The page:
Interest in teamwork has grown significantly in recent years since all work, whether directly or indirectly, relies on some modicum of teamwork to get it done. Organizations are becoming more team-oriented, flexible, and collaborative as they incorporate policies and plans, such as the move toward open office floor plans and away from walled off offices and cubicles designed to encourage and promote interaction. Businesses are using teams to improve marketing, customer service, and productivity as employees who may have, in the past, worked by themselves are now being organized into teams made up of diverse groups from across the organization.
While companies tout their focus on teamwork, they don't often talk about the specific details that go into building high-performance teams. Accomplished teams don't just happen because managers assign diverse members to the group and not all diverse teams end up being high performing. The key is implementing well-managed diversity and bringing team members together by giving them time to develop a sense of trust, cohesiveness, and an understanding of the norms and rules governing the team and its mission.
When aiming to create or be a part of high performing teams, it's important to understand the strategies that go into building these teams and ensuring a better chance for success. While these strategies are not focused specifically on gender sensitivity in and of itself, they are conducive to developing and maintaining an awareness of gender issues that can make team work challenging.
How do high performing teams create the conditions necessary for success? They do this by following a time-tested set of rules and moving through the set-up phase in a way that allows each team member to become comfortable with working on the team.
High performing teams tend to begin by getting to know each other before beginning work, and they use team building exercises to dig deeper for understanding since knowing who they're working with and how each individual works is essential to building trust. These teams also make sure that each member understands their purpose as well as the team's goals. Without the baseline understanding of what is to be accomplished and how team members fit into the scheme of meeting those goals, it's far more likely that the team won't perform in a way that ends with successfully meeting goals.
High performing teams operate from the perspective of respecting the ideas and feelings of other team members, and by learning how to manage conflict effectively within the team. This means that even when team members disagree, every member feels valued and respected. Often this is because high performing teams are able to avoid groupthink, the tendency to go along with a group and discourage differences of opinion.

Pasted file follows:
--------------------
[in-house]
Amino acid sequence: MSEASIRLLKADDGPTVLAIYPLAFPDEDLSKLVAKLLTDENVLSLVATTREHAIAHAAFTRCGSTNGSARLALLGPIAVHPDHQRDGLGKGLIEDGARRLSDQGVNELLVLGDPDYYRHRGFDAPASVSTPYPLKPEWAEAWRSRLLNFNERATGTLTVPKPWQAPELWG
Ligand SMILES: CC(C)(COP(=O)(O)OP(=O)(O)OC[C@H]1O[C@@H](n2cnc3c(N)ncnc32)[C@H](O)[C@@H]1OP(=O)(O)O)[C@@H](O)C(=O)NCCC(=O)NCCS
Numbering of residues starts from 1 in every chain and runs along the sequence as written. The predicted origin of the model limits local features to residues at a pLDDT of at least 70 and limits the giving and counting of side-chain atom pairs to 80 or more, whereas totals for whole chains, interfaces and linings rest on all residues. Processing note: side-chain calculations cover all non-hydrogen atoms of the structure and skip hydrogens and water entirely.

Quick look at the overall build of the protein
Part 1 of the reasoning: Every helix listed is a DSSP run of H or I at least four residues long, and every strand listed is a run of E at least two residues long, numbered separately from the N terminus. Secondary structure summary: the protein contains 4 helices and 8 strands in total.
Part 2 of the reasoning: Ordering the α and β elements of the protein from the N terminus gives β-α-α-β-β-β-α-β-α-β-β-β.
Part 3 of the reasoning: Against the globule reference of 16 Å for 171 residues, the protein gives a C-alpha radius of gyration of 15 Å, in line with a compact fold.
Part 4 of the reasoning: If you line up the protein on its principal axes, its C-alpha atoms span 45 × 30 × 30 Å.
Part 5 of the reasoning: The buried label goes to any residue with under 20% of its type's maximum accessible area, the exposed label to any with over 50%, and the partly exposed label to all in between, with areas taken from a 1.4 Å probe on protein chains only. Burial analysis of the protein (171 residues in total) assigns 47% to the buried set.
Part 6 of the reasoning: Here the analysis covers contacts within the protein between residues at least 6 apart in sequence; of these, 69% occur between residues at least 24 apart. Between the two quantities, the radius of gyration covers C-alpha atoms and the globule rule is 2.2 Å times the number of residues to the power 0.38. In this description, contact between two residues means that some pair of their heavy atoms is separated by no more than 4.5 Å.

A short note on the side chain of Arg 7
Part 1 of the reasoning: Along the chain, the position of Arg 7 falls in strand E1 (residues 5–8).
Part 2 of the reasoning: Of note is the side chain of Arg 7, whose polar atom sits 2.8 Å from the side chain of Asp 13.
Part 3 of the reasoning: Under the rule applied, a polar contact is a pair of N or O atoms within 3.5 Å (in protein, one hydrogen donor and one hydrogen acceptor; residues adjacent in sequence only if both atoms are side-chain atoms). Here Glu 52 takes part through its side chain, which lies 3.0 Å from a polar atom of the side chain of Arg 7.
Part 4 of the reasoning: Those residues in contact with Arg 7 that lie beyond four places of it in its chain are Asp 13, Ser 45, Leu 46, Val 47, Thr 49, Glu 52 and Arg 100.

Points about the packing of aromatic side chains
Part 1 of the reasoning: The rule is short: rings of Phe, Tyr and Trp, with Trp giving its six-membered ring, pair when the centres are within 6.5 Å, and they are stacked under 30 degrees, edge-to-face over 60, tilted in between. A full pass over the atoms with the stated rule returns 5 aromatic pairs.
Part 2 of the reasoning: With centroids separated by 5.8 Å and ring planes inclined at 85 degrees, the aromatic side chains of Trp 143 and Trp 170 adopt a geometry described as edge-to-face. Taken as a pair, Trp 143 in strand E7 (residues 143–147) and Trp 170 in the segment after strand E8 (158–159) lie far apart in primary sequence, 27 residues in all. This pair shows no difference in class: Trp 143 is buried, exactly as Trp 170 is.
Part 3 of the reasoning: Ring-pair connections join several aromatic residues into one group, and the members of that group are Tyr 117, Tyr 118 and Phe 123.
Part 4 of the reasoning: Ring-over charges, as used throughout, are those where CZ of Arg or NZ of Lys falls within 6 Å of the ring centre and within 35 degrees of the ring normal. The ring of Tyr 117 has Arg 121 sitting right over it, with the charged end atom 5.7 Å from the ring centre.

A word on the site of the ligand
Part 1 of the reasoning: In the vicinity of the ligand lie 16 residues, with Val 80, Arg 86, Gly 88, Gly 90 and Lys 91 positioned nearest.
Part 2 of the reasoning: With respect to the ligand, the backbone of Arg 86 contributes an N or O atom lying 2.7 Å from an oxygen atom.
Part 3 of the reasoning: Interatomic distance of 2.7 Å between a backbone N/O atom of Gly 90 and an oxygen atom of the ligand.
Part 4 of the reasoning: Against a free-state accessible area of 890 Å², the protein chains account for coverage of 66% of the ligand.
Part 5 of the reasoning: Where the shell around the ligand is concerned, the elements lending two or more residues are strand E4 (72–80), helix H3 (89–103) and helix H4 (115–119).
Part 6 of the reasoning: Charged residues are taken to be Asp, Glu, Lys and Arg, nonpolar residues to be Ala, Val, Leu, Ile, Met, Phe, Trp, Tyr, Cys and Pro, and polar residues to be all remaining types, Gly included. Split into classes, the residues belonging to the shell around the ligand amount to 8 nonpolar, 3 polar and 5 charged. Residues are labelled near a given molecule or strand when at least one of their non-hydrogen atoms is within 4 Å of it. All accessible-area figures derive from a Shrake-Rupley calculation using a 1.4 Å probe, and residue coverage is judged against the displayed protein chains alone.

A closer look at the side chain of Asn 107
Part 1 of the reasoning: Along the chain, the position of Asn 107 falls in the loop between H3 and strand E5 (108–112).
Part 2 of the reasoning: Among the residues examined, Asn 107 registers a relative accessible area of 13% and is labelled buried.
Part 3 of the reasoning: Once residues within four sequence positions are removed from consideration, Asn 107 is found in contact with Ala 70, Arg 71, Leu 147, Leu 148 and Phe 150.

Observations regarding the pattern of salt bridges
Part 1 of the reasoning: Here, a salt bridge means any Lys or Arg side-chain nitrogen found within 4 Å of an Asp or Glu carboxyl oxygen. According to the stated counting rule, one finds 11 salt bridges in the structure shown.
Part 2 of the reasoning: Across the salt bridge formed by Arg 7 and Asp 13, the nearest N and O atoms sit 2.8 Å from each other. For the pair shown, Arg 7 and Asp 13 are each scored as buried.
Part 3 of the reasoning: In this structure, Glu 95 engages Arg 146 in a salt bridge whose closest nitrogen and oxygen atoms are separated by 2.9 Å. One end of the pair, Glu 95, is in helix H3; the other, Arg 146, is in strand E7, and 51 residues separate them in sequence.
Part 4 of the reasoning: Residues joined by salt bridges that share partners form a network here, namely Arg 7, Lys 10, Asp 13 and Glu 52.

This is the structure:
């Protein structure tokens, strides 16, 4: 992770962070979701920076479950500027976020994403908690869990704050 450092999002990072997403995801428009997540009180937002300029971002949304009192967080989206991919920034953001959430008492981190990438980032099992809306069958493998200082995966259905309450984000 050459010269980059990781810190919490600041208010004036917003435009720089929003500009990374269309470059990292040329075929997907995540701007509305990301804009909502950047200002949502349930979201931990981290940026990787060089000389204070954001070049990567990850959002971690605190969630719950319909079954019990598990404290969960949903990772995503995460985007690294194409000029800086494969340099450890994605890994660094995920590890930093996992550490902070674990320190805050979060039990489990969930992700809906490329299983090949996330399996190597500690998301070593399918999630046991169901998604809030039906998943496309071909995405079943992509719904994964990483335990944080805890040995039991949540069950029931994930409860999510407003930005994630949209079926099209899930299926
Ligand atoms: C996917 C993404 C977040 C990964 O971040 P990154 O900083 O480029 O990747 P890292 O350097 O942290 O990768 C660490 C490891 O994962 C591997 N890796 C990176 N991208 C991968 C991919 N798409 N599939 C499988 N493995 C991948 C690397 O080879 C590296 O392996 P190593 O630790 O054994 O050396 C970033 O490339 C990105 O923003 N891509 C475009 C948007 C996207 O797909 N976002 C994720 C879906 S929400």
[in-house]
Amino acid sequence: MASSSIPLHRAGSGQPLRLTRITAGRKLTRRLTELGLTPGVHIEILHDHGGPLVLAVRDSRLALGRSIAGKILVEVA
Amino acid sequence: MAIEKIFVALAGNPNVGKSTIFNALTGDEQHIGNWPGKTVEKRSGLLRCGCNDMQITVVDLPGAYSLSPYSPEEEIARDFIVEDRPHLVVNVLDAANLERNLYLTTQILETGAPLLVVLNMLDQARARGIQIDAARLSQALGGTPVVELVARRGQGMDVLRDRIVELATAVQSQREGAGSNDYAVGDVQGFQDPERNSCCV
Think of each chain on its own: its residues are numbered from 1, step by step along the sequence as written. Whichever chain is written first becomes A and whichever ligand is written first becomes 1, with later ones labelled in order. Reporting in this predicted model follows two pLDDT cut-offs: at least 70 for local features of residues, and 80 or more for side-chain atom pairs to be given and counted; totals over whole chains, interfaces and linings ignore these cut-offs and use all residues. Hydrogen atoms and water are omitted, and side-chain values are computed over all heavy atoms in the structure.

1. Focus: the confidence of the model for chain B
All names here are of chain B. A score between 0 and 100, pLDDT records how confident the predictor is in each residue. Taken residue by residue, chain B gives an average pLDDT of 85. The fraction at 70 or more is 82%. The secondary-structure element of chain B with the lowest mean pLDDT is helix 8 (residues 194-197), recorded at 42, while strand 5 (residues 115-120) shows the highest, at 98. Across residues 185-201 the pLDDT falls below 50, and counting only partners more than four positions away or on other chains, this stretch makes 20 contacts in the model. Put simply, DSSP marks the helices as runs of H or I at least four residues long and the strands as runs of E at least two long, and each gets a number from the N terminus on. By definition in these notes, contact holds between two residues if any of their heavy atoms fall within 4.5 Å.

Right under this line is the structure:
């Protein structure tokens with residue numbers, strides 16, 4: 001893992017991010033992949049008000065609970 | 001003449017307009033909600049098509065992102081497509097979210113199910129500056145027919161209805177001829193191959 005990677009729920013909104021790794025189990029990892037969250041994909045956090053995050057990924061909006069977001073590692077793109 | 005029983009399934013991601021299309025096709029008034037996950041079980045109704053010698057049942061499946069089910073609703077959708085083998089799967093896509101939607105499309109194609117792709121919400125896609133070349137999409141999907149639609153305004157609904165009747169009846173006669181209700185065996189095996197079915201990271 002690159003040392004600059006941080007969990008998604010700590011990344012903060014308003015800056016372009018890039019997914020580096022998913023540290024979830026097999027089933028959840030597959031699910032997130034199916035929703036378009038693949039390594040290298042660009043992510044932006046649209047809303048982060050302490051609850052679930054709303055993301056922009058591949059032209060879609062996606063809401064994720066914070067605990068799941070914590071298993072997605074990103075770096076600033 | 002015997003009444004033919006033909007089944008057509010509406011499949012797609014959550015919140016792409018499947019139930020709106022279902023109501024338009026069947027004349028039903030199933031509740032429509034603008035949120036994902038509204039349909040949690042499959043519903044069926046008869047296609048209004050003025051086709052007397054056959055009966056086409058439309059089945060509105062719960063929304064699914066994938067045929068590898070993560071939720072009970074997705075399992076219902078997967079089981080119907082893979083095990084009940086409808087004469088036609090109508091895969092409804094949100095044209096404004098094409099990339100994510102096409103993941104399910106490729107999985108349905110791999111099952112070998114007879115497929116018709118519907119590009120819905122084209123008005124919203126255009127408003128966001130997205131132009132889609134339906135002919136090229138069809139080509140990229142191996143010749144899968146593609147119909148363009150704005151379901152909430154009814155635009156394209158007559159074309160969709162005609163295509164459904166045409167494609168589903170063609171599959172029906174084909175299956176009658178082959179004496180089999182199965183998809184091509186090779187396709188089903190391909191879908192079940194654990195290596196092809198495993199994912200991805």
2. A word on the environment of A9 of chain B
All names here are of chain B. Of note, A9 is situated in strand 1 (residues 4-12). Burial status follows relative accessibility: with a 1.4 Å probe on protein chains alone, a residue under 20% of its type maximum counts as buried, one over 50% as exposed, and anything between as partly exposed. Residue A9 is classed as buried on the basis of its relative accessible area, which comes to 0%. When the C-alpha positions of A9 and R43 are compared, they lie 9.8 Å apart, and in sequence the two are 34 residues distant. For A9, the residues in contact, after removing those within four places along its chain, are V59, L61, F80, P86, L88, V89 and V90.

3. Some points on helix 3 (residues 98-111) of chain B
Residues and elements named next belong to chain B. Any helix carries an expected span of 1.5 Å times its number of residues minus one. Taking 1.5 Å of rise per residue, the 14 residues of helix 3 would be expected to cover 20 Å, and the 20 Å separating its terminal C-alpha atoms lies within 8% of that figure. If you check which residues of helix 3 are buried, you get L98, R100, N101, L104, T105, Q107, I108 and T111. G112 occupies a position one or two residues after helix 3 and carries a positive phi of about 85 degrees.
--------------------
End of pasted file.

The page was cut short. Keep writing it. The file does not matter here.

These types of teams also view the process of team building as a continuous activity rather than a static set of rules that are set up and then ignored. Working with teams means that team members must be flexible and learn to adjust when things don't go as planned and think of themselves as a team rather than a group of individuals. This process often involves decentering (adopting multiple points of view) and recentering (constructing a common vision).
While all of these strategies combined are the key to building high performing teams, research shows that successful completion of the first step may be the most predictive of a team's potential for success. Teams that skip this first step have a much more difficult time managing workloads and relationships and have a higher chance of failure in meeting their established goals, and since there are numerous obstacles that have the potential to derail even the best of teams, it's important to have a sense of what they are in order to deal with them effectively.
Some of these obstacles can be traced to thinking and behaviors of individual team members while others originate outside the team. These obstacles can be things like social values, which stress the importance of individualism and competition that can undermine teamwork. For example, in the U.S., some workers don't share ideas because they're afraid of not getting credit for them; stereotypes, which make it difficult to see other team members as individuals; unequal distributions of power that can deny team members the ability to participate in decision making or access resources; unequal treatment or the perception of it, which undermines cohesiveness and trust and shifts the group mentality from "us" to "them"; and lack of outside support that can make a team feel cut off from the organization and make it difficult to sustain any kind of forward momentum.
As we continue to work toward understanding, developing, and sustaining a gender sensitive consciousness, the obstacles to productive teamwork will become more visible. Fortunately, we also will have developed a vast array of skills that will help prevent, minimize, and overcome these obstacles.